Cauldron to Kitchen

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Are We Talking or Listening?

b2ap3_thumbnail_Hyphae1.jpgWe all know people who talk so much that they don’t seem to take any time to draw a breath. I seem to know a lot of people like that, but perhaps it is cultural. I live outside the New York metropolitan area. People here are - by my standards – high strung. If I want to be part of any conversation, I have to do something that was considered rude when I was growing up: I have to interrupt and talk louder than the person next to me. Not everyone I know is like that, but at least half of my friends are “talkers.” I don’t know the correlation between word count and extroversion, but I suspect its on the positive scale. Certainly the sheer noisiness of all that talking can be exhausting for a confirmed introvert like myself.

In stark contrast stands the laconic silence and one word answers of some of my mother’s childhood friends. Any attempt at conversation on my part - including asking questions - is likely to leave me feeling like I’m babbling. In neither case do I feel like I’m communicating. Talking and communicating aren’t the same thing. Communication requires some sort of mutual exchange. But sometimes I feel like there is more communication in the brief email messages my boss and I send each other, than with the people I speak with face to face.

And then there is the wordless communication of a caress, a smile, a purr, a nuzzle, and eye contact. No words or text are needed to let me know that I am loved by my husband or my furry friends. Nor should the communication of actions be forgotten. What people do can communicate far more accurately than what they say, although the speaker may not be conveying what they imagine they are!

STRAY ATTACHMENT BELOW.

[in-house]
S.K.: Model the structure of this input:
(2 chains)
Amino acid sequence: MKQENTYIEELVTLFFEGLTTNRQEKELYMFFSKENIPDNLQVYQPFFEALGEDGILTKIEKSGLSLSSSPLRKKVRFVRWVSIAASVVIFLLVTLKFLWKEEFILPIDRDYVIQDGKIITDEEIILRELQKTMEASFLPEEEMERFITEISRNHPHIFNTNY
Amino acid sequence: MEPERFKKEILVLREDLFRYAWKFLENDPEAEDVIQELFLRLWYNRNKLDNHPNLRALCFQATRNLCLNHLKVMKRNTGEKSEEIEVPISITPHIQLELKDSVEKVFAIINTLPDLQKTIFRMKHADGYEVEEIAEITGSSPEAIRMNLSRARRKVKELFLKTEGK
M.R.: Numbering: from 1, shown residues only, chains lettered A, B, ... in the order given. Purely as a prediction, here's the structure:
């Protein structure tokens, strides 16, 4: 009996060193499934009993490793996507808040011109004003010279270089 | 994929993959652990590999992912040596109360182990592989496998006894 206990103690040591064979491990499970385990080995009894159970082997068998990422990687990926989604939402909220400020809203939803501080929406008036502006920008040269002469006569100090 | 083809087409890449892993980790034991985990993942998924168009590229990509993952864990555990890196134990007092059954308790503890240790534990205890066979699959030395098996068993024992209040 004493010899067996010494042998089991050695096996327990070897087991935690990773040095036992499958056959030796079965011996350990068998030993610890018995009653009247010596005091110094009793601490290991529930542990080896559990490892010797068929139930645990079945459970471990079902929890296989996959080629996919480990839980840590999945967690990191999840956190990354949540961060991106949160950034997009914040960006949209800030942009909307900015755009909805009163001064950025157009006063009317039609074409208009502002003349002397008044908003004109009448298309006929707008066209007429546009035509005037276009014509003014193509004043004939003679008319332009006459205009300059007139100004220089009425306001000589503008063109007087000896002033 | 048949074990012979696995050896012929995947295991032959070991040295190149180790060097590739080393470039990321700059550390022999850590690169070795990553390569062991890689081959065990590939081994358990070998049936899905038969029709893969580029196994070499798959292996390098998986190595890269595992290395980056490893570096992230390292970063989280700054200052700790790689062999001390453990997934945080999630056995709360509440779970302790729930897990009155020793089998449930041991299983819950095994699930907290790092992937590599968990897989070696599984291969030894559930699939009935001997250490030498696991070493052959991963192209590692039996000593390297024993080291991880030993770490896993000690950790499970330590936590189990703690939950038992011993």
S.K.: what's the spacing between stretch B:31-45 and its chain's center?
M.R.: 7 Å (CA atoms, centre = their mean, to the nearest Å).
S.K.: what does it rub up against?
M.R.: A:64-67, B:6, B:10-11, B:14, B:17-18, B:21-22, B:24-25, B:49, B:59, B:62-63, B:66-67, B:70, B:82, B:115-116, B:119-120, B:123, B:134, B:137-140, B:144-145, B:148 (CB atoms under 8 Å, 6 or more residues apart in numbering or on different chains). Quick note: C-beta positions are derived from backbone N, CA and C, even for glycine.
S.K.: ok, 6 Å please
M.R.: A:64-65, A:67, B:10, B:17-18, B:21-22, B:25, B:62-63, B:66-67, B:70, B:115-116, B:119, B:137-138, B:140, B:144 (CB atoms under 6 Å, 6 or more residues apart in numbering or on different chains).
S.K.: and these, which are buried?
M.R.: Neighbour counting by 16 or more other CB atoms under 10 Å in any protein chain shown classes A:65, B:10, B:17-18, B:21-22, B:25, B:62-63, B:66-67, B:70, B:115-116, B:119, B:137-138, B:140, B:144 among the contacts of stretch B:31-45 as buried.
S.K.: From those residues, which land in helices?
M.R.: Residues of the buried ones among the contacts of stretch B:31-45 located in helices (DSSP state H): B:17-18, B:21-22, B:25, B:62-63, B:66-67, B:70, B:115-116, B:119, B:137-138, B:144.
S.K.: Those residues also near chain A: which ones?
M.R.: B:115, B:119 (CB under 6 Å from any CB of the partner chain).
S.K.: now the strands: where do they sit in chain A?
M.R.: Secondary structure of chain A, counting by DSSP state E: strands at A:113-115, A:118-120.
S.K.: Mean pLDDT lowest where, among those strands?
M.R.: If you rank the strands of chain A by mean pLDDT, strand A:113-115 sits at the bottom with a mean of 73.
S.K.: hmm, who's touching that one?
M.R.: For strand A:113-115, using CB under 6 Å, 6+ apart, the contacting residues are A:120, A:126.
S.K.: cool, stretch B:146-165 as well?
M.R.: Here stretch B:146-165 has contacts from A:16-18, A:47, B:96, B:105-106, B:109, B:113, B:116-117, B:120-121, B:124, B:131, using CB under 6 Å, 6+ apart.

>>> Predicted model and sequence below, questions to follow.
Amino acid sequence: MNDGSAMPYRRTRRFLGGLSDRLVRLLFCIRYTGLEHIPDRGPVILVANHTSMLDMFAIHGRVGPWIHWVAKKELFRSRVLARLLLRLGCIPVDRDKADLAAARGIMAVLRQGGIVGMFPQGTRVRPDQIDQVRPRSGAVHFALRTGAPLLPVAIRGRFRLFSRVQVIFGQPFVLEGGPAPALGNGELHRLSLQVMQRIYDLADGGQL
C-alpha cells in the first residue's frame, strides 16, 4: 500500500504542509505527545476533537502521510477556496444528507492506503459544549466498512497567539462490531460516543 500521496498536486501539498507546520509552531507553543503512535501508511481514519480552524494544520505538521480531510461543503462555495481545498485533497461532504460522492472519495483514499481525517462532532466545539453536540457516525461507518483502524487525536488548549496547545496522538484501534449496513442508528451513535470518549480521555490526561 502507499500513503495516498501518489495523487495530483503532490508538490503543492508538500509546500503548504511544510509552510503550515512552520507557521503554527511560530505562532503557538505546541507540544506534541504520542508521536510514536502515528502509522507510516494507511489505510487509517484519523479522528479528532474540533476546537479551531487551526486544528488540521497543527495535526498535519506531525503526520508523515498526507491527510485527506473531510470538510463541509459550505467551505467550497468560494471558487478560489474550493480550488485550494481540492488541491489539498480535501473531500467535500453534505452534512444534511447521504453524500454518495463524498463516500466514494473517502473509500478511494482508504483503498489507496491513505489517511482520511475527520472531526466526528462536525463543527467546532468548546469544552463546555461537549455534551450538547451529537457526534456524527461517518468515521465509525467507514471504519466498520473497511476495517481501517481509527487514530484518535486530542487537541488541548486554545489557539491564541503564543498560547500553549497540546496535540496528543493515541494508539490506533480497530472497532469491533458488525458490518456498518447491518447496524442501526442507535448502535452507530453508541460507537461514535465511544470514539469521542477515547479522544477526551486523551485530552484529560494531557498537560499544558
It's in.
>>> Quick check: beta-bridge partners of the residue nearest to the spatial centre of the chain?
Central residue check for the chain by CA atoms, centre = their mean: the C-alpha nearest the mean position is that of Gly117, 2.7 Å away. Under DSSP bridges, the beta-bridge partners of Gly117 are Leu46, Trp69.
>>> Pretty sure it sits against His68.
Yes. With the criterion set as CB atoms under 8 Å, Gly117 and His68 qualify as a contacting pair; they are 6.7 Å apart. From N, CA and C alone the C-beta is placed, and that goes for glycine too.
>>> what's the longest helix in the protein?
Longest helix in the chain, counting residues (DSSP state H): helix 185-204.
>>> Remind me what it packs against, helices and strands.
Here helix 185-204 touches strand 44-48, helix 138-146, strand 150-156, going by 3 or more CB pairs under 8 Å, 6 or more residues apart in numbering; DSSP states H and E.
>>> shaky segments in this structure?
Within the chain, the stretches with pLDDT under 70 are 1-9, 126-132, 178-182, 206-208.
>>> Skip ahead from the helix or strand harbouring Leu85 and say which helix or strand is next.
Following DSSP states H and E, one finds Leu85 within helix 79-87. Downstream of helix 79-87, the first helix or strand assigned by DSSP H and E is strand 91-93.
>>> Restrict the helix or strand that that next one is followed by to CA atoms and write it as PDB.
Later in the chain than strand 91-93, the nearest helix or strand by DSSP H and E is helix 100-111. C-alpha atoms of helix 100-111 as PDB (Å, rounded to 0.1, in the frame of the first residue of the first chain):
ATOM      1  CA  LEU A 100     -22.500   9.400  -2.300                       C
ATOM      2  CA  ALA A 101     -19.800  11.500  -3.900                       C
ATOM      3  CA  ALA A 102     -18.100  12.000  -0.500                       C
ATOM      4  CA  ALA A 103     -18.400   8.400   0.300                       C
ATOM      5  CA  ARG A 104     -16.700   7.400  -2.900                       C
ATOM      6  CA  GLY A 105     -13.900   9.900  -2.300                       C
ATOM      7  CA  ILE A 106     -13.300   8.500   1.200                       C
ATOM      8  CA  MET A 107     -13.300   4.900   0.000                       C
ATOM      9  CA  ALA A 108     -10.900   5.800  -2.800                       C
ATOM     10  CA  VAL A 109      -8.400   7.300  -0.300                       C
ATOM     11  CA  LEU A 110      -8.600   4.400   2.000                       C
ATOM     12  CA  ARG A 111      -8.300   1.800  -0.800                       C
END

The development of language in infancy is critical to our well being. Without this skill, we don’t develop abstract thinking, which limits our ability to think logically and do mathematics. And the first and best way to begin language development is to respond to your baby’s cry, all while talking and letting her see your facial expression. The best communication happens when all these methods are engaged.

We are hardwired for communication, born with miles of branching dendrites that connect our brain cells, one to the others. And while there are certainly windows of development where it is easier to develop skills, even in adulthood, learning a new language makes the brain grow. and the more effort, the more growth.

Communication requires attention. I am surrounded by people who have ADD/ADHD. They often believe they have communicated when what they have actually been doing is talking. Rushing from one word to next, my dear ones are sure that they have either completely grasped what I’m trying to say, or that they have said what I needed to know. A request for clarification, or to slow down and listen, may be met with angry frustration. To have this happen constantly is to start to doubt the value of one’s attempts, and even one’s person.

Like the dendrites in our brains, there are other webs of communication. Mycelium are the fungal strands of mushrooms that can travel for miles under the earth. They form relationships with plants - called mycorrhizaswhich not only benefits both life forms,but allow plants to communicate with each other. All plants grow better when they have this network.

The flow of communication is critical for a good life. We cannot meet our needs without each other, and without communication, we cannot know what these needs are. Take the time and attention to do the job right.

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Selina Rifkin, L.M.T., M.S. is a graduate of Temple University and holds a Bachelor of Arts in Psychology. In 1998 she graduated from the Downeast School of Massage in Maine. She has published articles in Massage Therapy Journal, been a health columnist, and published The Referral Guide for Complementary Care, a book that describes 25 different healing modalities. In 2006 she completed her Masters program in Nutrition with a focus on traditional foods, and the work of Weston A. Price.
Currently she is the Executive Assistant to the Director of Cherry Hill Seminary, the first Pagan seminary to offer Master’s degrees.


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